The hedonistic assumption in economics
The economics profession is a powerful institutional force for the status quo and its orthodox views must therefore be confronted if our goal is radical progressive change. One of the profession’s key orthodoxies is the hedonistic view of human motivation in which an individual’s sole goal is seen as pecuniary gain. This, of course, fits very well within the logic of capitalism but there’s volumes of psychological and organizational research which clearly demonstrate money is not a prime motivator. We are motivated to a far greater degree by things like security, camaraderie, pride in good work, recognition, and status.
Paul Krugman demonstrates today that orthodox hedonism is well entrenched within center-left economics. He attempts, through calculus no less, to determine how hard an individual will work given the economic theory that effort is solely dependent on after tax income.
“So I thought it might be worth thinking about this question in terms of a simple model of labor supply. Think of an individual facing a marginal tax rate t; and think of the amount this individual produces as depending on effort, which in turn depends on how much of his or her income the individual gets to keep at the margin, i.e., 1-t. Then a little calculus will show that whether a tax hike increase raises or lowers revenue depends on whether the elasticity of effort with respect to earnings — the percentage change in effort from a 1 percent rise in 1-t, the after-tax return to effort — is less or more than (1-t)/t.”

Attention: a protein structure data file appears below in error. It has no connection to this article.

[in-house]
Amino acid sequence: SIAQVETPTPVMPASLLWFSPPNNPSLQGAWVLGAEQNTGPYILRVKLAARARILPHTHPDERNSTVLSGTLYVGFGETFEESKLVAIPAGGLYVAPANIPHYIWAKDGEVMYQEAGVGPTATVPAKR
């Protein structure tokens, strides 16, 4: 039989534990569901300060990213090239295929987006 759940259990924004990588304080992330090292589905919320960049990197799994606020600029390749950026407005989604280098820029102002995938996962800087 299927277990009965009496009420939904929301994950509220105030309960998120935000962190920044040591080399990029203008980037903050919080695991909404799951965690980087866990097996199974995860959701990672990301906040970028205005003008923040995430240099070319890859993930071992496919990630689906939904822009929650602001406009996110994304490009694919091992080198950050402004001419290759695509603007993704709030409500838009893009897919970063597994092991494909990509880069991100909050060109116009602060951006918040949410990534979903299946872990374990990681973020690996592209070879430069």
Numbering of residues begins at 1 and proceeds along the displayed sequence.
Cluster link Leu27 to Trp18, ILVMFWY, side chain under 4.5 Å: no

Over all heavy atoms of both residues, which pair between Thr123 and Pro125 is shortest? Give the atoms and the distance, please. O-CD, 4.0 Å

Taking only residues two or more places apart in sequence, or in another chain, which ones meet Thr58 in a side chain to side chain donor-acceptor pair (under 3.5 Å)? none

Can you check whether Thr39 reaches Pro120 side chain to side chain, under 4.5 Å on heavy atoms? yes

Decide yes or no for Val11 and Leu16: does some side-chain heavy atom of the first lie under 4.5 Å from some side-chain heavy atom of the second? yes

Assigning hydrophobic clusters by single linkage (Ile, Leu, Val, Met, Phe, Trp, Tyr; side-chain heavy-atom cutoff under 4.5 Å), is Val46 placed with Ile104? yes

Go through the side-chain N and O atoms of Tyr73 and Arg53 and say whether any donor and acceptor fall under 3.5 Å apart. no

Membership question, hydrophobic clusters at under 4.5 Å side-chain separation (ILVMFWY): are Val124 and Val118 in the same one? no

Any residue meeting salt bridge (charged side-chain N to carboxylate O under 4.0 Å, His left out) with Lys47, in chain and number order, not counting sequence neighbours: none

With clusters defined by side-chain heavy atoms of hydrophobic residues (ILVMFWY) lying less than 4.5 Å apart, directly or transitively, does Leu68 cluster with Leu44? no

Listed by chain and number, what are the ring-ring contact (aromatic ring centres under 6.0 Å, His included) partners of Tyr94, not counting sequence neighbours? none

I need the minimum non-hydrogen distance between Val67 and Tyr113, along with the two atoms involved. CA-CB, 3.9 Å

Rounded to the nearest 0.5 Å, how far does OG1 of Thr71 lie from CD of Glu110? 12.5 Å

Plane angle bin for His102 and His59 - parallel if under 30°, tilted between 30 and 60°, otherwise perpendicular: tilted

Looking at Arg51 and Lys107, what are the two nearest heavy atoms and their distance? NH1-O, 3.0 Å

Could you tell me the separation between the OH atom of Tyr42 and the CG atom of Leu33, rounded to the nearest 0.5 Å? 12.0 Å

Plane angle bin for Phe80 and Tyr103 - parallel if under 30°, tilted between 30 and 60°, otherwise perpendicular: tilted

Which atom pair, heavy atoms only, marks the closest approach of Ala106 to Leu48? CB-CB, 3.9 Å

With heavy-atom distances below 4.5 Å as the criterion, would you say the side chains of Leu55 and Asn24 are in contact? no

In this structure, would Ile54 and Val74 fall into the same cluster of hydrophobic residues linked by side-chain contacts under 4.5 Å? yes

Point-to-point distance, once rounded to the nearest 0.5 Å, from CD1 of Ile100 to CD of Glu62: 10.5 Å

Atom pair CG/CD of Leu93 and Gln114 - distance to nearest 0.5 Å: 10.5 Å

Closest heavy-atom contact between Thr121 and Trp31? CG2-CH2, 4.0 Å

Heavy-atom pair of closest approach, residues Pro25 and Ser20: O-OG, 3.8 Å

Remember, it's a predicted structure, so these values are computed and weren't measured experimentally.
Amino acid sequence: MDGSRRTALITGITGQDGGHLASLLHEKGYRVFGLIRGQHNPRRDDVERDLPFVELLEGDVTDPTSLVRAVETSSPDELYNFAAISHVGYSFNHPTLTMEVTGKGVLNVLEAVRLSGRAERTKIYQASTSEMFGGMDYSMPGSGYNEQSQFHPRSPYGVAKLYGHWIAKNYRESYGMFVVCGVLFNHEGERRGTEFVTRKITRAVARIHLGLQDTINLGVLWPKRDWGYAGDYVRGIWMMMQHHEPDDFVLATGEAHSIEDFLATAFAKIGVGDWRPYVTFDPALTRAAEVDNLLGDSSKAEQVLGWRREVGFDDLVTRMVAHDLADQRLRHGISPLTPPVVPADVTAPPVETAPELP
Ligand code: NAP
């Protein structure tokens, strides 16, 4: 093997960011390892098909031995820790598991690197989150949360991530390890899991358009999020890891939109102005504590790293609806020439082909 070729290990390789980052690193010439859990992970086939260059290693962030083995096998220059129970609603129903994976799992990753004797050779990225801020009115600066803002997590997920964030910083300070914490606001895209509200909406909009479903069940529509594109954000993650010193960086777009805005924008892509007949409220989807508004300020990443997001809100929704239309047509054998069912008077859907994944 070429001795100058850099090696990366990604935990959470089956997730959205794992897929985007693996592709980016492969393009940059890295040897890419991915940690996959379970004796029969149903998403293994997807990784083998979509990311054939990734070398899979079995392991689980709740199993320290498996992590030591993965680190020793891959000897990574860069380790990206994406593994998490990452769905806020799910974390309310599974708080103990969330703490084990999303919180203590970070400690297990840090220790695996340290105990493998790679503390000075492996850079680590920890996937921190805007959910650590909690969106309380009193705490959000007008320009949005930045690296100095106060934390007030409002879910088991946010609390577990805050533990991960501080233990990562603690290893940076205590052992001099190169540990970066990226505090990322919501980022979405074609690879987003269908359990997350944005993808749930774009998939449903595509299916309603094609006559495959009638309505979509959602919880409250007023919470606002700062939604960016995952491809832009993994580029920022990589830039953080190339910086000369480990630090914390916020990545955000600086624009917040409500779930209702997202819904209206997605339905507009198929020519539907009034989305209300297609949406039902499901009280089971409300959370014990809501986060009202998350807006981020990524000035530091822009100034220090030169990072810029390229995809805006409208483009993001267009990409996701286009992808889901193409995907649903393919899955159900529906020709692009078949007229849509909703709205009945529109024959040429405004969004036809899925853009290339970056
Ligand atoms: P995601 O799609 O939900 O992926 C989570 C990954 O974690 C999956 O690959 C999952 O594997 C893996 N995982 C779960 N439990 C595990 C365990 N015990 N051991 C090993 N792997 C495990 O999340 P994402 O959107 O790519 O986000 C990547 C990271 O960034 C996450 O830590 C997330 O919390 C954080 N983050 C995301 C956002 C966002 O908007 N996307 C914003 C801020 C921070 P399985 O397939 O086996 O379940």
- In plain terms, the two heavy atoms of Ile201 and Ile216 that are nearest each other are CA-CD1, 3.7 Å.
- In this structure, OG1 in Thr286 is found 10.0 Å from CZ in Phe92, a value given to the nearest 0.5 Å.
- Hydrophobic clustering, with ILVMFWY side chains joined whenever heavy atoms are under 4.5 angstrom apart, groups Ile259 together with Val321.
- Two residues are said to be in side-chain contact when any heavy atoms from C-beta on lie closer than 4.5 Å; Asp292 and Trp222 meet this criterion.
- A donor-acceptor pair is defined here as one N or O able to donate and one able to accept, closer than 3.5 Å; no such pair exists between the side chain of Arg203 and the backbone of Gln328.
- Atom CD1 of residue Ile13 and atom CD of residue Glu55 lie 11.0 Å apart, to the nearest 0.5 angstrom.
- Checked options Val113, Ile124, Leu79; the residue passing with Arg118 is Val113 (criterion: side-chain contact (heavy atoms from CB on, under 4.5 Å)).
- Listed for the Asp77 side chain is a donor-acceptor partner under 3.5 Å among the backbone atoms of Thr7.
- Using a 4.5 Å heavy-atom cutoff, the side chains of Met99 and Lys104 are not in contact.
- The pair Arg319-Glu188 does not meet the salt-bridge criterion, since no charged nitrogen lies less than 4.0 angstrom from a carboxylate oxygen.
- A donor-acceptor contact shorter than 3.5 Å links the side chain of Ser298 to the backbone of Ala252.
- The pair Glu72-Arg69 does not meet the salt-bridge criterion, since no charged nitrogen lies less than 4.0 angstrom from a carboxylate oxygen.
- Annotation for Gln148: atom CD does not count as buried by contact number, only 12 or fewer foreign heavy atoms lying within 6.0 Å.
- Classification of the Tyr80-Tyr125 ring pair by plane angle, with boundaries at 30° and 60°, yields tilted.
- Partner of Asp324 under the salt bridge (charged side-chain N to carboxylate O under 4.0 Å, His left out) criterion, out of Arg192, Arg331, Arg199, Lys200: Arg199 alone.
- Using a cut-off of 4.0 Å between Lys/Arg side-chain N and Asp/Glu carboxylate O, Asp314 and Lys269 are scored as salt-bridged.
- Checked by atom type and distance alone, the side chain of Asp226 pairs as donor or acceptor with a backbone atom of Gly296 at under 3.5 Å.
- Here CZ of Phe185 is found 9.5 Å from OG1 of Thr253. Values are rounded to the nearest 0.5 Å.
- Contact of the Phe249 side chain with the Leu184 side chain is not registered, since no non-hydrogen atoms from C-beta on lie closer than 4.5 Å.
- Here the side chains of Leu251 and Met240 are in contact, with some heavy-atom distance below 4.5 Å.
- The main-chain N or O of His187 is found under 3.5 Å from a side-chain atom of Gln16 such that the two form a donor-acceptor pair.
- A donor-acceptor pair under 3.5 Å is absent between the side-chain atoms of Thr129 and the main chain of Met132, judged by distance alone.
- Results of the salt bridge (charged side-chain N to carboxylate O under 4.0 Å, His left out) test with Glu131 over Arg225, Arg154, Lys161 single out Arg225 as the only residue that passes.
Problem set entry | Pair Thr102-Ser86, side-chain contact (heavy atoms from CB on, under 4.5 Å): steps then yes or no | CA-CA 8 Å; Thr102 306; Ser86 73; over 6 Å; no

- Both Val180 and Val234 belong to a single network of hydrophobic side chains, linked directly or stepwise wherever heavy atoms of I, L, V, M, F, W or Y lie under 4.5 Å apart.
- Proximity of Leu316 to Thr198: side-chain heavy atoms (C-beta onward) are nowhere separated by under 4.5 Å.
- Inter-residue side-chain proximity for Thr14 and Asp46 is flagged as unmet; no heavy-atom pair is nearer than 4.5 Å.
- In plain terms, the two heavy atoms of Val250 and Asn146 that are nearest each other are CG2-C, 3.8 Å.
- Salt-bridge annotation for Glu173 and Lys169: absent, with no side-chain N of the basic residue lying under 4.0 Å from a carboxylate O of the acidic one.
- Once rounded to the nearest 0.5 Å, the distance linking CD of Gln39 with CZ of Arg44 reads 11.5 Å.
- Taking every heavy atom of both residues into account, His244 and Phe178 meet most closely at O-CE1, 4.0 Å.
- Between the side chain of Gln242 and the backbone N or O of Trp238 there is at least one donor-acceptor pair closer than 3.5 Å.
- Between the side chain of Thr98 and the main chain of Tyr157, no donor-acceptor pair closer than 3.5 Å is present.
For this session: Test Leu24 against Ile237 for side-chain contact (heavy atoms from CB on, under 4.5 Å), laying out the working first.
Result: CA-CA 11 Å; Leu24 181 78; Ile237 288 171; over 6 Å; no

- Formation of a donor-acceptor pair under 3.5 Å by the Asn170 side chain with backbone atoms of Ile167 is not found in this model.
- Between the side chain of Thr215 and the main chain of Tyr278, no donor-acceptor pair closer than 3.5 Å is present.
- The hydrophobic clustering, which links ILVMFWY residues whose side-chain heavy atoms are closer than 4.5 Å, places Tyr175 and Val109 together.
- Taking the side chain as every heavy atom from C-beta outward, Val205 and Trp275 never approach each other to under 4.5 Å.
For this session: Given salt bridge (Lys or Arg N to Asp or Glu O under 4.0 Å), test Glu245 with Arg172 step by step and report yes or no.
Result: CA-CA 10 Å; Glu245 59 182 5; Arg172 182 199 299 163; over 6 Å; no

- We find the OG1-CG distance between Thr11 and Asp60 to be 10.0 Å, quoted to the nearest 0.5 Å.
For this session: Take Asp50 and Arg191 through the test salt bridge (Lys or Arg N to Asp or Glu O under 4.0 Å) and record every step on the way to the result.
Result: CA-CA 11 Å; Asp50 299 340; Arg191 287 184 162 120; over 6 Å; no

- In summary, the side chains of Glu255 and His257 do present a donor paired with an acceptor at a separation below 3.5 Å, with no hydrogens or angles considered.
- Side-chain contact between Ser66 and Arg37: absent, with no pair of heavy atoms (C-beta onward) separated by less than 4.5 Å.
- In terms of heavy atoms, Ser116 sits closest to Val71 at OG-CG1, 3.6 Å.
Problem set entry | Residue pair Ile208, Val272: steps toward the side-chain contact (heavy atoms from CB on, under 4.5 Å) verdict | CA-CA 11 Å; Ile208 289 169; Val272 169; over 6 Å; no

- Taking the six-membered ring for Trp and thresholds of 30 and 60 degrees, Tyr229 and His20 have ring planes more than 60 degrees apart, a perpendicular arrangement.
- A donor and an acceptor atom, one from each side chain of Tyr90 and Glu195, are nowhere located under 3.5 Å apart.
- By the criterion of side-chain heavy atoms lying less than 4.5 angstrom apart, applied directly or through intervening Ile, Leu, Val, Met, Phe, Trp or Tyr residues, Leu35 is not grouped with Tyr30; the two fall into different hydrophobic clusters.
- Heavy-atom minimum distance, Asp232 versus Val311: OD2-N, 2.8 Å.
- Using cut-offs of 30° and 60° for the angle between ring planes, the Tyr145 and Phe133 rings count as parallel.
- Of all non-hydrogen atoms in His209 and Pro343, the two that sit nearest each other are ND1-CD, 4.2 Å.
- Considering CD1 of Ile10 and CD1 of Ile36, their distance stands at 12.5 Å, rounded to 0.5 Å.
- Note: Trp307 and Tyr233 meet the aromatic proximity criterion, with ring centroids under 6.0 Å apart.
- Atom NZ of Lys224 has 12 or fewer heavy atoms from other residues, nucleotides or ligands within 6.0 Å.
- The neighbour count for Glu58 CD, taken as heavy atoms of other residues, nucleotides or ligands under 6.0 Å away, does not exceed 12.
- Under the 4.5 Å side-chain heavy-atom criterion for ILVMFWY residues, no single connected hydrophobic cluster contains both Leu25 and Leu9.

Keynes had a good comment relating to this: “Too large a proportion of recent ‘mathematical’ economics are mere concoctions, as imprecise as the initial assumptions they rest on, which allows the author to lose sight of the complexities and interdependencies of the real world in a maze of pretentious and unhelpful symbols.”